What can go wrong?
Polish and British business people are very alike. Business is business. If we are talking about countries such as India or Japan – this is a different story. But there aren’t any significant cultural differences in Europe. We’re all the same. – This is what I often hear from both British and Polish business people in private and public sector. And they are very mistaken.
Real life examples
I have chosen two real-life examples that illustrate the challenges of intercultural communication – both from Great Britain.
- The executives of a SME in Great Britain were wondering why their Polish counterparts were taking so long to reply to important emails. It would sometimes take up to two weeks until they finally received a reply. They came to the conclusion that the contractual arrangement was encountering problems. I can only agree – it is astonishing how long it sometimes takes to get a reply from my home country, even when the subject matter is of high priority.
- A Polish executive in the UK was receiving feedback from his British employees that their Polish supervisor was being perceived as rude. It is fair to say that even a certain level of proficiency in a language does not guarantee a successful communication. Poland and Great Britain belong to cultures with different communication styles (low context vs. high context). Polish simply speak their mind, whereas British use understatement to hide the real message in order to be polite. Apparently, the Japanese score the highest when it comes to high-context – their ‘yes’ can mean ‘no’ at times. In Europe, however, it’s the British who have mastered the use of understatement – not the Polish, not the Germans. What would be the difference between: ,Do it, please’ and ‘I was wondering whether you could spare a minute and have a look at…’? Obvious. But hold on… Perhaps it is not that obvious at all? No wonder why some British see their Polish colleagues as blunt communicators. You can never be too polite here, not in the office, not when dealing with a customer.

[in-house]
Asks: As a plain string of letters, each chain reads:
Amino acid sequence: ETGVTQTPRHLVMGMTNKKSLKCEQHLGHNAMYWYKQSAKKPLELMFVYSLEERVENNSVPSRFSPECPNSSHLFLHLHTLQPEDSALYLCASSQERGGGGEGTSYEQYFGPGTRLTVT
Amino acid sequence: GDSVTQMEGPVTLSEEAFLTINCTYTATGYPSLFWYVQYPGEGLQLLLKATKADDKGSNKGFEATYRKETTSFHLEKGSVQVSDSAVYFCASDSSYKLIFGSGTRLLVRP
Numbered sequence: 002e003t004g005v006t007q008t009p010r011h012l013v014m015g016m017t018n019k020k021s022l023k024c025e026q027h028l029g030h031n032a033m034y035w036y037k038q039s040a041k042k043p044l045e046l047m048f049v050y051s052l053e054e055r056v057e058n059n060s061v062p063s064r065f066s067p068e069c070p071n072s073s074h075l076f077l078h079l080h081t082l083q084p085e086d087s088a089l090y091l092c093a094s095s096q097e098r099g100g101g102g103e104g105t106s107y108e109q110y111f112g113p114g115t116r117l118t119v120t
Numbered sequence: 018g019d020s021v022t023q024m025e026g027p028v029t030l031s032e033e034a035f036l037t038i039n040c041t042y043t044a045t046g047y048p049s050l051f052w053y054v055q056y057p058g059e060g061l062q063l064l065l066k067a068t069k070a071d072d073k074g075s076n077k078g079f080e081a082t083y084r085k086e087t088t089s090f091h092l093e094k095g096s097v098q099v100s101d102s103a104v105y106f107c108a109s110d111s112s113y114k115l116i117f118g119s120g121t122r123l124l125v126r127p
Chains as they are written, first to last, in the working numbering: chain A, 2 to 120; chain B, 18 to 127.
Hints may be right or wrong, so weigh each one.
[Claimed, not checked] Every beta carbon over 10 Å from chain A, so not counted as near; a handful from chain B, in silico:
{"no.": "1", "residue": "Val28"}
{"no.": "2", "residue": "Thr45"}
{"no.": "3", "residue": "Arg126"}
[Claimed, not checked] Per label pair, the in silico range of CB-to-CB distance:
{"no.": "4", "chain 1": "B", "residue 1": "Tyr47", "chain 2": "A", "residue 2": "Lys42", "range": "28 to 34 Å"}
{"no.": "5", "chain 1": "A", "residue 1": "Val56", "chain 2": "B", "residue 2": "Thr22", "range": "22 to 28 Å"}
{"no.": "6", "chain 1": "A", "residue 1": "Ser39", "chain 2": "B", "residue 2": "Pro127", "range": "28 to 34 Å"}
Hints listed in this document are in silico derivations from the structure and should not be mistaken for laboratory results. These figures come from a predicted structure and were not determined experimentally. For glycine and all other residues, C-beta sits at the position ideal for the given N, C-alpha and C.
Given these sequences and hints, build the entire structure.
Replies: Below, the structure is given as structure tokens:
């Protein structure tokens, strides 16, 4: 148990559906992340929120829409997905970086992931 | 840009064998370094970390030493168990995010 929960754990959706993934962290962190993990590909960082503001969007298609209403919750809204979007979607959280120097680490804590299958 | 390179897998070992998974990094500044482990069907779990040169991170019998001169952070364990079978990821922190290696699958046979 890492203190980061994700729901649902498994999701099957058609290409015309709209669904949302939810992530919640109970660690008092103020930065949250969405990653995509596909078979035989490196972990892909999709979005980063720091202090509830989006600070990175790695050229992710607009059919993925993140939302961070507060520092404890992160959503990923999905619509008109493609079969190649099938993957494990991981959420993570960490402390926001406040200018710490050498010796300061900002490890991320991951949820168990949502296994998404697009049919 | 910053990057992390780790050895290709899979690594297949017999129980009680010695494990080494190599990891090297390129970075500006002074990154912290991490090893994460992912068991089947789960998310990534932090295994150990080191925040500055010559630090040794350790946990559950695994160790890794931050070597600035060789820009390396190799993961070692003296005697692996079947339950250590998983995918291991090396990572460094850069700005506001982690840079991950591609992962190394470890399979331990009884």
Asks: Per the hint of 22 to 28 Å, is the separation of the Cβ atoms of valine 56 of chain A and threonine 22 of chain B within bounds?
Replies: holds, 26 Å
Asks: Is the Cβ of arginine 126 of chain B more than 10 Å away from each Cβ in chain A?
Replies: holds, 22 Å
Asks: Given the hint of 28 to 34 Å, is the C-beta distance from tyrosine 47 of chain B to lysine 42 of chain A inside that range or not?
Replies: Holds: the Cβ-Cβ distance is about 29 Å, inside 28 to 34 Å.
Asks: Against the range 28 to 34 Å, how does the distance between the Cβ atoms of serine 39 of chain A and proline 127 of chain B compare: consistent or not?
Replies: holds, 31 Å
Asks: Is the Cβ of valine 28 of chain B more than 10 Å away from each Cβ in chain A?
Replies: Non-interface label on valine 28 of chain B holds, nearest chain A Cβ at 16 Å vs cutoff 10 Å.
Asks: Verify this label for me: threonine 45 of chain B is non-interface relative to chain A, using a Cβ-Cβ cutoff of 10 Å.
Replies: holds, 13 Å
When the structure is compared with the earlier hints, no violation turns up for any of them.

What can you do?
We all speak our culture. The first misunderstanding was caused by the lack of knowledge about how things work over there and could be easily addressed with a help of a cultural consultant. All the British company needed was a bit of explanation and reassurance that things were indeed going well. The second example proves how important it is to address the challenges of the different communication styles. In the above situation, each of the sides tried to impose its communication style on the others. But it simply doesn’t work this way.
What is cultural awareness training?
There is only one solution to address these and similar issues: cultural training. Familiarize yourself with:
- social and business etiquette
- communication style
- nonverbal communication (body language)
- time and space perception
- dress code
- facts about the countries, practicalities of life
Book your cultural training session today
Trading cross-culturally requires preparation. It’s takes more than using a translating company and hiring a native speaker. Cultural competence will help you to understand different perspectives, improve communication (verbal and written) and elimination of stereotypes and prejudices and, in consequence, will increase your chance of success.